“Basic acceptance is not really our aim,” she stresses, as Eli Nassau, a Mexican ROI-er from Mexico who co-founded a first of its kind LGBT Jewish initiative in Mexico, stands by to talk with her.
“We do not aspire to achieve tolerant communities. We strive to achieve embracing ones,” says Klein. Sure, there remain marginal homophobic voices within the Jewish community, and the issue remains between tricky and very complicated when it comes to Orthodox and more traditional circles, Klein says– but overall she believes most Jewish communities in the United States today are “squarely in a place of tolerance,” when it comes to LGBT Jews in their midst.
But this is just a start. These Jewish communities, she argues, need to broadcast loud and clear that they are inclusive, and take on the LGBT cause as a Jewish one, not merely a sectarian interest. To help further this goal, Keshet puts great emphasis on working directly with queer teens, in particular supporting anyone who wants to establish gay-straight alliances in their high schools.
In 2005 Keshet made a documentary film, “Hineini: Coming Out in a Jewish High School,” about a ninth grader struggling to establish such a gay-straight group at her Boston area Jewish high school. The film became a touchstone for many and today, at least 11 Jewish schools in the United States have such alliances.
More recently, Keshet also held a LGBT Jewish children’s book writing contest, out of which was born “The Purim Superhero,” a colorful children’s book about a cute kid named Nate, who wants to dress up as an alien for Purim (unlike all the other boys in the class, who want to be superheroes). And, oh yeah, Nate happens to have two dads, too.
Book parties were held across the country for this first-of-its-kind book in the Jewish world. But the one which Klein found most exciting, she says, was organized by three straight Modern Orthodox couples in a traditional community in Riverdale.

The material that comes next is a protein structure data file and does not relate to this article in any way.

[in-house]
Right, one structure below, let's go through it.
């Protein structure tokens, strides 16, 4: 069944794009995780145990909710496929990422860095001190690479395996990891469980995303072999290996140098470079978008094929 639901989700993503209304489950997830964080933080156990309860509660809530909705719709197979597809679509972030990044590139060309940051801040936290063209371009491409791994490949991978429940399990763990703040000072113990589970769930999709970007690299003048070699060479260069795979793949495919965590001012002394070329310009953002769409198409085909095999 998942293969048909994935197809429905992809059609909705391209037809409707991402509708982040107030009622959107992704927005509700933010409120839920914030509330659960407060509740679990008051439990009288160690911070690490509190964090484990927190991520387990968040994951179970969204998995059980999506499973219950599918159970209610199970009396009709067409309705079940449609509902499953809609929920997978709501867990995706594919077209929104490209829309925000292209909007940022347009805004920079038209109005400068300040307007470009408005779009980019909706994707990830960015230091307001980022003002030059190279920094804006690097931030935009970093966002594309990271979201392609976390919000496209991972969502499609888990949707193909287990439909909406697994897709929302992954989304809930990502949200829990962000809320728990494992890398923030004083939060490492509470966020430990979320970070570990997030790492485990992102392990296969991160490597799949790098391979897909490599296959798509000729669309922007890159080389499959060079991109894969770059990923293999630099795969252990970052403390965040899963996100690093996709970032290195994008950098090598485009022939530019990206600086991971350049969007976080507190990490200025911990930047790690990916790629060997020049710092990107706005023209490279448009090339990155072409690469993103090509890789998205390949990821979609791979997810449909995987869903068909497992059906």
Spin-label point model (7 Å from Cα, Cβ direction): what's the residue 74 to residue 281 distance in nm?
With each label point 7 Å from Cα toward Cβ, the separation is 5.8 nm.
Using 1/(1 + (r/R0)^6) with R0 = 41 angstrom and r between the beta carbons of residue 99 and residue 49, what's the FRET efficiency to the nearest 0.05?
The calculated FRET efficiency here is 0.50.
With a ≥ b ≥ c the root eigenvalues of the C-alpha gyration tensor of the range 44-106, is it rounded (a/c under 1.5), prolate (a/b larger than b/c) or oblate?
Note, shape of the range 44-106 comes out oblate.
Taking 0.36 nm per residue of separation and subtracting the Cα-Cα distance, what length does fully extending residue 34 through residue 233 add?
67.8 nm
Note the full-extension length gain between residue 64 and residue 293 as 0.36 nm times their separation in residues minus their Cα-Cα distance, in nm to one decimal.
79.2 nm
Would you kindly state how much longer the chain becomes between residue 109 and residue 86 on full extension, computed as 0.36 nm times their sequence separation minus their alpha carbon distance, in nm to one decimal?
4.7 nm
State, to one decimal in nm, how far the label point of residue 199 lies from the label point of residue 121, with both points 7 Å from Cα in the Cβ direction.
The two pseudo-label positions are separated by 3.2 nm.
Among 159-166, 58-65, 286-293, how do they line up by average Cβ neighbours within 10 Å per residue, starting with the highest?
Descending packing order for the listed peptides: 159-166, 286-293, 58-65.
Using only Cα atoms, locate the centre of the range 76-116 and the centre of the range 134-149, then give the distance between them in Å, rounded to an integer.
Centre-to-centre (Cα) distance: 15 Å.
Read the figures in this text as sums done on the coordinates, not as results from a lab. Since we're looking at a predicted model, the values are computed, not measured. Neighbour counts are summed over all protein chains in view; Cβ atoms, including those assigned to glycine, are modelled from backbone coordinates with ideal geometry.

“When I talk to my colleagues working for change in other religious and ethnic communities in the U.S., I often feel blessed,” says Klein.
There have been lessons learnt for the LGBT Jewish struggle from some of the more liberal Christian denominations like the Unitarian Universalists or the United Church of Christ, but, says Klien, “…all in all, I feel there is something special in our Jewish community. We have a strong history of commitment to social justice that has both helped to engender open attitudes and has been a tool we, in the LGBT community, use. It does not make any sense for American Jews to be on the forefront on civil rights movement, or the labor movement – and not on the forefront of this one.”
“It is helpful to talk to someone with so much experience… and so much optimism,” says Nassau, the Mexican ROI-er, whose organization, Guimel, gives support to LGBT Mexican Jews, their families and friends. It’s not always an easy task, Nassau is the first to admit, given the conservative values of the Mexican Jewish community.
“What I hope is that ‘out’ LGBT Jews in Mexico won’t have to sacrifice their Jewish identities to live a fulfilling life,” he tells Klein.
“And they should not,” she replies.